Balance is what he’s seeking.
“I tend to be a simple man who enjoys the comfort of home,” he says. “I don’t want to have to think about spending money to go out for an evening. Basically, I don’t want to be in debt over my head.”
Bart’s a longtime renter, but he’s wondering if buying a home is a smarter choice for his housing payments. He’s also wondering if his saving and investment strategies are right for where he is now, and where he hopes to be in retirement.
Bart, whose name has been changed, has saved $305,800 in 401(k) plans, $128,000 in mutual funds, $16,000 in savings and $1,000 in checking. His only debt is his car loan, and he pays child support for his 11-year-old son, for whom he’s not required to pay future college costs.
The Star-Ledger asked Margaret O’Meara, a certified financial planner with O’Meara Financial Group in Red Bank, to examine Bart’s budget and savings, address his specific questions and see what he can do better.
“Bart has done an impressive job of saving for retirement and building up after-tax assets,” she says. “The forced savings through work retirement accounts and outside mutual fund companies has paid off as he will have a very comfortable retirement if he continues to save in this way.”
She says Bart has $16,000 in liquid assets, which amounts to a little more than three months of expenses. She says because his job is fairly secure, that amount should be okay for his emergency fund.
“Bart may want to consider saving another $12,000 or so in case of emergencies or job loss, as it is taking folks a long time to replace lost jobs,” O’Meara says.
The amount may also change if he decides to buy a home, which is the next question O’Meara addressed.
Her projections found that buying rather than renting was clearly the better long-term decision, based on a purchase price of $300,000 for a home or condo with a 20 percent down payment.
She favors a purchase instead of renting for several reasons.
First, mortgage rates are low, and a fixed-rate loan will mean the same monthly payment, while rent payments will go up with inflation over time.
Buying would also mean building equity for the future, she says.
“The home is like a built-in savings plan and he will be building equity and value for the future, unlike renting, where you have nothing at the end,” she says. “Interest and tax payments are generally tax deductible — he should check with his accountant regarding his situation specifically — so he will save taxes by owning a home.”
Turning to retirement planning, O’Meara says if Bart stops work at his normal retirement age of 67, he should have enough money to continue his standard of living until age 90. This retirement scenario assumes that his savings levels remain the same, that he achieves a 7 percent rate of return over time, his expenses stay level and Social Security remains the same based on current projections.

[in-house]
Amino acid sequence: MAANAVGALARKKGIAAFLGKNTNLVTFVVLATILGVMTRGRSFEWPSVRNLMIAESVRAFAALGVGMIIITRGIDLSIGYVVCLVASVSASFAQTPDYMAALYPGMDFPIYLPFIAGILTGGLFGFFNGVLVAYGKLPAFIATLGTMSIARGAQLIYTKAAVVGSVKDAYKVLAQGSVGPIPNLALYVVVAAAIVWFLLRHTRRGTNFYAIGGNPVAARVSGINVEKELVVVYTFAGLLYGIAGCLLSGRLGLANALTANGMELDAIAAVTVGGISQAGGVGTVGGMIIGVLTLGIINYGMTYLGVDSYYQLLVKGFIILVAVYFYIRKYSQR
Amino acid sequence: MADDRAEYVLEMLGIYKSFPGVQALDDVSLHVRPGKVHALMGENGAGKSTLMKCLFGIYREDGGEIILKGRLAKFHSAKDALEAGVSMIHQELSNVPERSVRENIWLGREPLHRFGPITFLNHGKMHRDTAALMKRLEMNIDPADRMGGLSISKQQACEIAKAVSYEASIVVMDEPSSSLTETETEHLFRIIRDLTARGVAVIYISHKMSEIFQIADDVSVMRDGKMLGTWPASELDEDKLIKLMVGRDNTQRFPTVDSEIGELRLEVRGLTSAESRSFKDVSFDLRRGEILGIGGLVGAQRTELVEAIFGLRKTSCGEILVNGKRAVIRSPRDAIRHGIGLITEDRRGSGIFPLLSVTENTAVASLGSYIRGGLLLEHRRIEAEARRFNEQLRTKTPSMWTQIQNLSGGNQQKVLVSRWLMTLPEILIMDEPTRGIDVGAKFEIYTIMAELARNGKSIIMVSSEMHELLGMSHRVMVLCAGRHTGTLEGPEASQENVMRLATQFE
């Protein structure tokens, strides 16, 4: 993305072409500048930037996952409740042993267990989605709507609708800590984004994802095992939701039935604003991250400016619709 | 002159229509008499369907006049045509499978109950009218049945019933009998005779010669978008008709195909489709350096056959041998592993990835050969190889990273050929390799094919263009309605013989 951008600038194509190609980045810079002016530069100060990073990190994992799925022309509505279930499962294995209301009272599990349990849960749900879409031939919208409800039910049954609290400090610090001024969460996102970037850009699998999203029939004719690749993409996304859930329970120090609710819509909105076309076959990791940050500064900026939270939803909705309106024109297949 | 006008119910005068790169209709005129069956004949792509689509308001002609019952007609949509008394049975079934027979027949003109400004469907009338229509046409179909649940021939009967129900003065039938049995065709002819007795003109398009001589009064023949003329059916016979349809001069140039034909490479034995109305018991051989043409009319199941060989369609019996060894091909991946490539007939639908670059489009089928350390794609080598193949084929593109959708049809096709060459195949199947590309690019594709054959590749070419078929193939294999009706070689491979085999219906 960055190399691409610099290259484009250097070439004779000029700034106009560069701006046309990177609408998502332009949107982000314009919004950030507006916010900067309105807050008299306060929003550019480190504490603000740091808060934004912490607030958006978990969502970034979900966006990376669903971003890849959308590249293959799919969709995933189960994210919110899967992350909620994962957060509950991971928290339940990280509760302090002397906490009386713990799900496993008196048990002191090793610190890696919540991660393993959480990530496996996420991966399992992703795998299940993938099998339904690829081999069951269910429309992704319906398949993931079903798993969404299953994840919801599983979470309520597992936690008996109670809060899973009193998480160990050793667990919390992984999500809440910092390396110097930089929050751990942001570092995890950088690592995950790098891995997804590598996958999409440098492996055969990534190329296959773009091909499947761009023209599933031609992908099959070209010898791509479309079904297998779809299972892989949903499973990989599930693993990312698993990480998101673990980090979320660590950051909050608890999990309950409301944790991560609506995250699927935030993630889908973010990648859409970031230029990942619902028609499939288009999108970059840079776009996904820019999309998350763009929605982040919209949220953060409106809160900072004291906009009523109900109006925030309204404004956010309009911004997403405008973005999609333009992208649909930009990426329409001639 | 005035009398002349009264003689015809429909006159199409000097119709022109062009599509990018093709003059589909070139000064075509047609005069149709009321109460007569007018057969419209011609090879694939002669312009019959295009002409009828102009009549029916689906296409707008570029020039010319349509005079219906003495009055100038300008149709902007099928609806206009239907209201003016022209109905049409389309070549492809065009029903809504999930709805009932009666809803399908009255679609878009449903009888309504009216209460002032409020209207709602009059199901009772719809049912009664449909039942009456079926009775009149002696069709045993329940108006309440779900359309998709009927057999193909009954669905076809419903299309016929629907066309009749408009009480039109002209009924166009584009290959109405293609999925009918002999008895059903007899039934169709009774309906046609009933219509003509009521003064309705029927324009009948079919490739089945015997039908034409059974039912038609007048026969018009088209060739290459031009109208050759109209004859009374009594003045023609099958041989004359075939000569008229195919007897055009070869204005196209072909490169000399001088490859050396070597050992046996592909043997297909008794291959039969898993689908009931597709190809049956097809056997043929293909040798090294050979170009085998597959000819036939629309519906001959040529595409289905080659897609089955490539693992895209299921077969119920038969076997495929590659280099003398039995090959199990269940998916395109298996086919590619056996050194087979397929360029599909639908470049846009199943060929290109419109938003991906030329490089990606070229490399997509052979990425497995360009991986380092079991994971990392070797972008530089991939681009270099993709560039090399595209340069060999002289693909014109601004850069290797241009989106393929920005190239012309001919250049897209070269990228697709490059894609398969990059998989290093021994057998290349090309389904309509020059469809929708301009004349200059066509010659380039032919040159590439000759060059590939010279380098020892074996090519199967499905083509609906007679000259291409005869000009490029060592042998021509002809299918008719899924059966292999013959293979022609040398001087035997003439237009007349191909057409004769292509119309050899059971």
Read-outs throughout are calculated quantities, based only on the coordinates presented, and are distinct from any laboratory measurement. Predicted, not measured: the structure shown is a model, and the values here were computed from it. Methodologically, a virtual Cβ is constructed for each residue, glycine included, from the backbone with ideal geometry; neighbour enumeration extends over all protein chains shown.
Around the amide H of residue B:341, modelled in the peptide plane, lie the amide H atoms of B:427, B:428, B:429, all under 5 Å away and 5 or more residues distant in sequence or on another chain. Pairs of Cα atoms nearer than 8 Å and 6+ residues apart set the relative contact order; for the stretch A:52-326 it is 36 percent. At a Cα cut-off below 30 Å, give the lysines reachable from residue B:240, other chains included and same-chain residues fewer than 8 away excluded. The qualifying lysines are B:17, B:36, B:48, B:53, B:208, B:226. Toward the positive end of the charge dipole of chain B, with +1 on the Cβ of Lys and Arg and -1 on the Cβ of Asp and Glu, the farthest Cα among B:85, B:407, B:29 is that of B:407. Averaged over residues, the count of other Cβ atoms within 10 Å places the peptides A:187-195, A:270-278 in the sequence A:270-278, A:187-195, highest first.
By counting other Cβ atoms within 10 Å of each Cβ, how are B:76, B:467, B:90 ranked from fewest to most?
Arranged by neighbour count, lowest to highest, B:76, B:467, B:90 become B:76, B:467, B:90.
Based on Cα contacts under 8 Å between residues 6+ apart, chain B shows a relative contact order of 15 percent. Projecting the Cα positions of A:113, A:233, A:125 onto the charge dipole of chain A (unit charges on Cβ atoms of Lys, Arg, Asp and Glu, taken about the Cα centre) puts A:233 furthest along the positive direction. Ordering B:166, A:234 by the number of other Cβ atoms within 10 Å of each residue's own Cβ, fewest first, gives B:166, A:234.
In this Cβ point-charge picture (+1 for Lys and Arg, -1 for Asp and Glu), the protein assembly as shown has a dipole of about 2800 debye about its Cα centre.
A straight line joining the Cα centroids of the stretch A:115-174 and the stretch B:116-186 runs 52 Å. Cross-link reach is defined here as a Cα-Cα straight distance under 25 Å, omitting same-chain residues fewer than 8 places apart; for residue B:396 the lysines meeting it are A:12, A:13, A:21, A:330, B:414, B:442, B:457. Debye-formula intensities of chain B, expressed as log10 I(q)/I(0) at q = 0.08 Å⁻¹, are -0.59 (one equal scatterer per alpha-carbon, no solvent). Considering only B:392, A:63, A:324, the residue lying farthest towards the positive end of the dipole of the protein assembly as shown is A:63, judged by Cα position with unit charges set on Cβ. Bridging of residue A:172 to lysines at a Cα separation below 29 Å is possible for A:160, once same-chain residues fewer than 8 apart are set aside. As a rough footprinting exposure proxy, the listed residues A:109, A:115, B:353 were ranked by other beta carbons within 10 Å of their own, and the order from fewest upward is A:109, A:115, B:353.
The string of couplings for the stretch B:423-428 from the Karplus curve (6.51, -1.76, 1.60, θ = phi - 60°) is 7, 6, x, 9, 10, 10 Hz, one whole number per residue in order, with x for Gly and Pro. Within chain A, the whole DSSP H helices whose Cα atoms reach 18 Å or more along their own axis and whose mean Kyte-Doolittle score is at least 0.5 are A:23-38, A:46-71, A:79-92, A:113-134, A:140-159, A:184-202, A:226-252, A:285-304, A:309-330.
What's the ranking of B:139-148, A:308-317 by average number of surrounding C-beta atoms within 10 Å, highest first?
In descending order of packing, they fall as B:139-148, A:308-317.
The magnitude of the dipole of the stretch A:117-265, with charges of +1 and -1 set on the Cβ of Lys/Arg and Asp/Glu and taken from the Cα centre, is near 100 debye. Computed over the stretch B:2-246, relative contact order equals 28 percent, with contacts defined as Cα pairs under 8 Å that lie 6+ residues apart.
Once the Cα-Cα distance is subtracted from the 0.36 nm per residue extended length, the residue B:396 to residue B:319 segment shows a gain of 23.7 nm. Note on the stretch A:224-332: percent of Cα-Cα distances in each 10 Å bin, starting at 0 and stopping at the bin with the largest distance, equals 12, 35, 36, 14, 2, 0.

If Bart’s budget leaves him with extra money at the end of the year, she recommends he contribute to a Roth IRA.
Or, he could move money from his taxable mutual fund account into a Roth.
“He’d never pay tax on future earnings as long as the Roth IRA stays in place for five years and he doesn’t take any withdrawals prior to being 59½ years old,” she says. “This is the type of retirement account that would be great to set up next.”
Once the Roth IRA is set up, if he has additional discretionary cash, he could boost his employer retirement plan contributions from the current 11 percent level.
Bart currently saves $550 a month to his after-tax mutual fund account, and he’s wondering if there is a better way for him to save.
O’Meara says it’s a good savings level, and that pot of cash will make sure he has funding for future purchases, such as a home down payment. Additionally, these after-tax accounts can be liquidated quickly and without penalty, unlike retirement accounts.
“Forced saving like this is great and gives you a good nest egg that is in addition to retirement savings,” she says.
Exactly where all the money for retirement and in the mutual funds is invested is an area that needs improvement, O’Meara says.
She says there’s a lot of investment overlap in his accounts, and he needs to make sure he’s properly diversified.
Plus, Bart says his risk tolerance is a 7.5 out of 10, but his portfolio is about a 9 out of 10, O’Meara says, considering that less than 10 percent of his portfolio assets are in fixed income and/or cash.
Right now, 84 percent of the investments are in large-cap stocks, with about half having a value bent and half in growth.
“Bart may want to think about being more aggressive in the retirement accounts which he should hold onto for longer and draw down last,” she says.
She also recommends he consider some small- and mid-cap domestic stock funds because they have outperformed large-caps over time.
“The United States markets have been very strong in the last couple of years, but at some point international will gain favor again and it would be good to have more foreign funds in his portfolio as well,” O’Meara says.
For shorter-term savings — such as the money he could use for a home down payment — Bart may want to be more conservative and invest in a balanced fund or have more cash on hand, she suggests.